Why COVID-19 Stimulus Should Incorporate Digital Dollars
Ezechiel Copic is a Partner at cLabs, working on the Celo blockchain platform. He previously held a variety of roles at the Federal Reserve Bank of New York.
As the world grapples with the devastating effects of the coronavirus, the need for a digital alternative to paper money becomes increasingly clear. In light of the potentially ruinous economic impact now facing society, the U.S. government is preparing an enormous fiscal stimulus package likely calling for the Treasury Department to send checks to every citizen in the country. But this approach has significant shortcomings — and the government needs to adopt a more innovative alternative.
In a nod to these shortcomings, a draft Senate Bill, inspired by an earlier House Democrat proposal, redirected the public discourse by calling for the use of a “digital dollar” and a corresponding “digital dollar wallet” to help send funds expeditiously to all qualified individuals.
Until now, stimulus distribution methods have been distressingly slow to implement. When a similar policy was enacted in 2008, it took upwards of three weeks to directly deposit stimulus checks, while physical checks were mailed out over a nine-week period.
Waiting weeks, if not months, for help, however, is not an option for many. According to the JPMorgan Chase Institute, 65% of families in the U.S. lack sufficient funds to weather a simultaneous income dip and expenditure spike, while 50% of small businesses have less than 15 cash buffer days.
Embracing the power of technology, and incorporating a mechanism similar to digital dollars into the stimulus response, is a much needed step in the right direction. Using a concept like digital dollars, stimulus funds could potentially be sent instantly and directly to the mobile phone or email address of every person in the country, safely and securely.
Importantly, digital dollars don’t require access to a bank account, thus helping improve financial inclusion by addressing the needs of millions of Americans that remain unbanked, according to the FDIC.
But improvements in distributional efficiency and increased access are just part of the appeal. The flexibility and programmable nature of technology protocols underpinning today’s digital currencies and stablecoins also allow for a more innovative transmission of fiscal and monetary policy, especially in times of crisis.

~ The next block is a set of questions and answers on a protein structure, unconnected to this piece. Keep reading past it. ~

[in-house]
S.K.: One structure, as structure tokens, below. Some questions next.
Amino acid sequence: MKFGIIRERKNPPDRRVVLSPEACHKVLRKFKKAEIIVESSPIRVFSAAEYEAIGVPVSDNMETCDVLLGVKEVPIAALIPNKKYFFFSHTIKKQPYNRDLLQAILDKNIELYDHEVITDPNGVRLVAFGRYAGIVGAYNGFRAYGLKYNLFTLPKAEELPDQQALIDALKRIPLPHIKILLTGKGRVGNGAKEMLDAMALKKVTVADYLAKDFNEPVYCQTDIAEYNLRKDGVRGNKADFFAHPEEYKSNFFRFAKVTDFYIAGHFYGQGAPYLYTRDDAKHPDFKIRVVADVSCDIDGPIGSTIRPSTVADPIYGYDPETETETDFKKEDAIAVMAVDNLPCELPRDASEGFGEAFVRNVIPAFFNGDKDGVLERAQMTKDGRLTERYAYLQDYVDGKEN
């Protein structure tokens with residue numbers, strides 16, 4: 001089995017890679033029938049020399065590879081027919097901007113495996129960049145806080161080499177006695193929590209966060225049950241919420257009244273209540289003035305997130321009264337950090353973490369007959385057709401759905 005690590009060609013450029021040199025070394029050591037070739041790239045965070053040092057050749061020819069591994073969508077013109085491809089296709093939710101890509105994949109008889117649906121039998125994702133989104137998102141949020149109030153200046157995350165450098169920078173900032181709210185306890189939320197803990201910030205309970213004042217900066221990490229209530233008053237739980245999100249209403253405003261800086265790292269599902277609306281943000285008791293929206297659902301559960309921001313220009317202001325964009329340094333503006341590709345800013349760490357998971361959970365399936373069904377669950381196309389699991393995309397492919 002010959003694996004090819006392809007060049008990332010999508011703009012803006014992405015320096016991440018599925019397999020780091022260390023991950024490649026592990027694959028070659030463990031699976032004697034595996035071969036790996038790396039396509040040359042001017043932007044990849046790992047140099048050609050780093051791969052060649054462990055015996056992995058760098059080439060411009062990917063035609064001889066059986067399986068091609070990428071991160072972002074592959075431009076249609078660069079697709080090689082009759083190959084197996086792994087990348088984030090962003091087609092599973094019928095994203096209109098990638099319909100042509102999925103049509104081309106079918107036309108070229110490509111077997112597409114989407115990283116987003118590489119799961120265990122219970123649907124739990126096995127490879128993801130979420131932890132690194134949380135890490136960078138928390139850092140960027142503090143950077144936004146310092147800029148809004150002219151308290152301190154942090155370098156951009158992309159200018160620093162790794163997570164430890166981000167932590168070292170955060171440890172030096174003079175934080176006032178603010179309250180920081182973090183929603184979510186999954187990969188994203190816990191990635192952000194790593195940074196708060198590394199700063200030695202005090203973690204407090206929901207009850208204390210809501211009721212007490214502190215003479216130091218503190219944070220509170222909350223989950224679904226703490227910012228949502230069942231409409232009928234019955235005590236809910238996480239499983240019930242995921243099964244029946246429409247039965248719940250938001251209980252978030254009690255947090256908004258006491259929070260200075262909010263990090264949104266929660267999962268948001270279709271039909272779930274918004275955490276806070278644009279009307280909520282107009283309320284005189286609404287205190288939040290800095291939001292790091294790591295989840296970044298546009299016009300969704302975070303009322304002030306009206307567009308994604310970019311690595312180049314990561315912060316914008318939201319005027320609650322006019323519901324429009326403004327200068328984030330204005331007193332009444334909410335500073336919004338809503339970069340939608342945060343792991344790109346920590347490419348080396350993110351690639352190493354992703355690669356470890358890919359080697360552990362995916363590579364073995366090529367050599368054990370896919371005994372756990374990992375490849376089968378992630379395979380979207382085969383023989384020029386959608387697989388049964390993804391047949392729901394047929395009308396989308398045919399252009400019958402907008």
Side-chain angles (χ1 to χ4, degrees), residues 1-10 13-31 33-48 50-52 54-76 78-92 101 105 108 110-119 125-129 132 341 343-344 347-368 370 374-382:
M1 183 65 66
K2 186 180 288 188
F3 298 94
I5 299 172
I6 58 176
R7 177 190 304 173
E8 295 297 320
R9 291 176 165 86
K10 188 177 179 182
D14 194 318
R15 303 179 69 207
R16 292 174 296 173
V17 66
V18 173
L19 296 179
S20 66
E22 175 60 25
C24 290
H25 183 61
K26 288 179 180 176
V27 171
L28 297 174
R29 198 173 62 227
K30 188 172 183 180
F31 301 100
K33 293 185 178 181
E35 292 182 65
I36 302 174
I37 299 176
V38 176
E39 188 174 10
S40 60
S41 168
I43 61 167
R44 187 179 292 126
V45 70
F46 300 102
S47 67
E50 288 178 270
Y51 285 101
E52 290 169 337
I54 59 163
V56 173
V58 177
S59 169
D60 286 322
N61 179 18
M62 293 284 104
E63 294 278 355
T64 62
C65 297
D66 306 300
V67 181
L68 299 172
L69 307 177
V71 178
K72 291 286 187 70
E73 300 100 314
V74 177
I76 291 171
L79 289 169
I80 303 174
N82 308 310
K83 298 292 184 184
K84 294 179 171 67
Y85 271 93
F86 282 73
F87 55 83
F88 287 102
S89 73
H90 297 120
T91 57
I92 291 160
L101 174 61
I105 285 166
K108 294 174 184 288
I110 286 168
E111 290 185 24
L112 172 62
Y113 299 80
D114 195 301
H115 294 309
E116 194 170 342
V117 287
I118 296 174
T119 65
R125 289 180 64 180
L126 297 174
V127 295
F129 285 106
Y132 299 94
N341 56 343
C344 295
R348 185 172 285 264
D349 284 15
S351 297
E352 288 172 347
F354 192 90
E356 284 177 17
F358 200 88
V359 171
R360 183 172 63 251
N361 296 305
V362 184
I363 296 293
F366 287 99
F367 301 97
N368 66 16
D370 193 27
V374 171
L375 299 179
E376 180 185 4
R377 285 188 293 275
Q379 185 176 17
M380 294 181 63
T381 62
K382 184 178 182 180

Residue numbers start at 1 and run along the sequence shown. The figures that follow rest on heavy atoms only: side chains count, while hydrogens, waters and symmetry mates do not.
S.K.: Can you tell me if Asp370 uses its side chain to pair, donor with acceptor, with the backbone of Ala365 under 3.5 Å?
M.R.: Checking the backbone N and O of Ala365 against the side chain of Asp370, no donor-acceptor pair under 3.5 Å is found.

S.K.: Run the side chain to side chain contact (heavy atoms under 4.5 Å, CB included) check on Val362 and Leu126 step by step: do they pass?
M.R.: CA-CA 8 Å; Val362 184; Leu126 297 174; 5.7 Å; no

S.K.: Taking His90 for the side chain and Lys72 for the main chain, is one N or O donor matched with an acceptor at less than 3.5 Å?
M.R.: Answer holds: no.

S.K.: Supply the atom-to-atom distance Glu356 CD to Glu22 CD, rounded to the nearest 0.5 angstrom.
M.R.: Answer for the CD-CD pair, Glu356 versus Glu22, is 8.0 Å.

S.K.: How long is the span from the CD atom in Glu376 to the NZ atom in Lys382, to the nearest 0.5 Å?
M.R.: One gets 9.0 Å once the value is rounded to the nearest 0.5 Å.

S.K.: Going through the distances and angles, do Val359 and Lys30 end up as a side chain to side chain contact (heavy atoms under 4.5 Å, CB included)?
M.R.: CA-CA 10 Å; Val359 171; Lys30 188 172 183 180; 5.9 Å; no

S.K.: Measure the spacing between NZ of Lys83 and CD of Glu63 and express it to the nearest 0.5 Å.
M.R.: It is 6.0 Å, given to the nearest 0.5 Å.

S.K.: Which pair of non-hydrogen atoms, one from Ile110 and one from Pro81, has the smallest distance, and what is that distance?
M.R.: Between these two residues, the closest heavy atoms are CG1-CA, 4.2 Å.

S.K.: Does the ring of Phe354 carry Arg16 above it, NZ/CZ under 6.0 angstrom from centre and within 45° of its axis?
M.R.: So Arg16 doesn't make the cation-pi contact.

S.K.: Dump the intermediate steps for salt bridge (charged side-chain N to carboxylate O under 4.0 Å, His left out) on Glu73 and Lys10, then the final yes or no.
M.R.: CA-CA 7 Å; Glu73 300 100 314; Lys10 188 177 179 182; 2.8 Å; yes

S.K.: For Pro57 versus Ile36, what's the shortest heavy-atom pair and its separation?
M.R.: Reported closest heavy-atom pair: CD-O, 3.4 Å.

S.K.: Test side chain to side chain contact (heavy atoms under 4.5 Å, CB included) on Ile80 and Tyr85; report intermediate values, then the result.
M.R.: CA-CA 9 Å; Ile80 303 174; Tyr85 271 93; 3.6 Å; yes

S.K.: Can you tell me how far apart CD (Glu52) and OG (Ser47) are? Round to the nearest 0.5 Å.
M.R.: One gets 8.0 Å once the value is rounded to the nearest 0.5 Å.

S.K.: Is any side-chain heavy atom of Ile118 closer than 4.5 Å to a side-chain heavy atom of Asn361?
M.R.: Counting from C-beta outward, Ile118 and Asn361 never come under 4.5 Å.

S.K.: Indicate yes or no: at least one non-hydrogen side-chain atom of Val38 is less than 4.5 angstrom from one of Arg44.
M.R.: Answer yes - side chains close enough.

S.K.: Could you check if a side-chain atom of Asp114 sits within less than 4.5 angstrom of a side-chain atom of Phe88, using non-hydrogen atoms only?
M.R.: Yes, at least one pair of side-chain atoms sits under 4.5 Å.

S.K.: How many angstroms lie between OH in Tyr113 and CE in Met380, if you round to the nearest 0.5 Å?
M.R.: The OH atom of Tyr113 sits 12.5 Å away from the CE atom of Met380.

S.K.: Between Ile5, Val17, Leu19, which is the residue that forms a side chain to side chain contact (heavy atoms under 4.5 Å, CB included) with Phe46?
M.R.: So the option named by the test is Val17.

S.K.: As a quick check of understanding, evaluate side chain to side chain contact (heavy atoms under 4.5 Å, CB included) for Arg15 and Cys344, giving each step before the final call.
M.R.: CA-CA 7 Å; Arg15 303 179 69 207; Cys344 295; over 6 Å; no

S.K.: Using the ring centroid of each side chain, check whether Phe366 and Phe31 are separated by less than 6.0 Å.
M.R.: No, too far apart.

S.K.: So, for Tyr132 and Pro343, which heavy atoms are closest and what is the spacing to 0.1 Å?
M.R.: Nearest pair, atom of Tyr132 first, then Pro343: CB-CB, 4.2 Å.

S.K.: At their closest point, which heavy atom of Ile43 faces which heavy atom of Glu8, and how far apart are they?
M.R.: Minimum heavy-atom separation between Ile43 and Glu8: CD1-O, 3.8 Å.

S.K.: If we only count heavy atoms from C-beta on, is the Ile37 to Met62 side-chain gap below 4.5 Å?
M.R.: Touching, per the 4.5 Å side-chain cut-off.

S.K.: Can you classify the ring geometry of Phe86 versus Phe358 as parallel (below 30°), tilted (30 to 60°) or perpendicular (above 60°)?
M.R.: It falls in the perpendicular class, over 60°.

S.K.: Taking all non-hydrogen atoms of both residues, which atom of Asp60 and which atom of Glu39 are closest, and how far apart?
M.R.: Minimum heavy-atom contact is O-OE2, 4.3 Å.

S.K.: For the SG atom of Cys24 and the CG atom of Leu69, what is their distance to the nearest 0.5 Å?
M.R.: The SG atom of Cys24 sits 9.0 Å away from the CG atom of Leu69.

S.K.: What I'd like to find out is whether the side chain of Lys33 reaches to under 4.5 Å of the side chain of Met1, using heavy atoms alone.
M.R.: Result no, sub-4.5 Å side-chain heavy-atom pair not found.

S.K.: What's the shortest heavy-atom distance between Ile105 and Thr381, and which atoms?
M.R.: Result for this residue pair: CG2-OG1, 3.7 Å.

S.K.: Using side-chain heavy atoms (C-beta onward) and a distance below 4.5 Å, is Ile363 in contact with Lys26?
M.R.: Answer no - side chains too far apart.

Following the U.S. government’s 2008 stimulus program, a University of Michigan survey found only 20% of those who received checks used the money for new purchases, while 48% paid off existing debt, with the rest going into savings. The impact of monetary policy over this period was also limited. Despite the Federal Reserve increasing money supply since 2008 by an average annual rate of 16%, the economy grew by just 4% on average over that period.
The reason government policies are often not as effective during times of crisis is that people tend to save (or hoard) money instead of spending it. Although understandable, such behavior reduces what economists call the “velocity” of money.
Put simply, velocity is the number of times a dollar (or any other currency for that matter) is used to pay for something. The more times a dollar is spent, the greater the economic impact. For example, the more often people buy bread from a bakery, the more money that baker has to hire workers and purchase ingredients, helping to fuel the overall economy. But if everyone decides to save their money and forgo bread, that baker will likely go bankrupt, and the economy will suffer.
Conventional wisdom suggests money velocity cannot be influenced. But recent technological advancements in money could shatter this myth, for the good of society. The programmable nature of technology platforms used to power digital dollars could be deployed to influence velocity by incentivizing consumer consumption in two potential ways.
First, consumers could receive “cash back” on digital dollar purchases. The more digital dollars they spend at local merchants, for example, the more they get back. While various credit cards offer such schemes, not everyone has access to these instruments; thus, digital dollars could amplify the effect and bolster spending. Additionally, depending on the nature of the crisis, certain industries could be targeted with added rebates, thus potentially mitigating the need for government bailouts.
Alternatively, the holding of digital dollars could incur a fee, sometimes called “demurrage”, to incentivize people to spend this money as soon as possible to mitigate the accrual of future fees. This might sound punitive, but such a policy was introduced during the Great Depression, on a limited scale, prompting people to significantly increase their spending and boosting the overall economy.
In either scenario (or perhaps both in unison), the velocity of digital dollars could be compelled higher, improving the effectiveness of fiscal and monetary policy. During these times of crisis, we need money that is faster to send, safer to use, and more likely to be spent. In short, we need digital dollars.
Ezechiel Copic is a Partner at cLabs, working on the Celo platform. He is focused on official sector outreach and engagement. Previously, Ezechiel served as Director of Central Banks & Public Policy at the World Gold Council, advising central banks on gold reserves management. Additionally, he worked in the Markets Group at the Federal Reserve Bank of New York in a variety of roles, focused on the understanding and implementation of monetary policy for the Federal Reserve System. Ezechiel can be reached at: firstname.lastname@example.org
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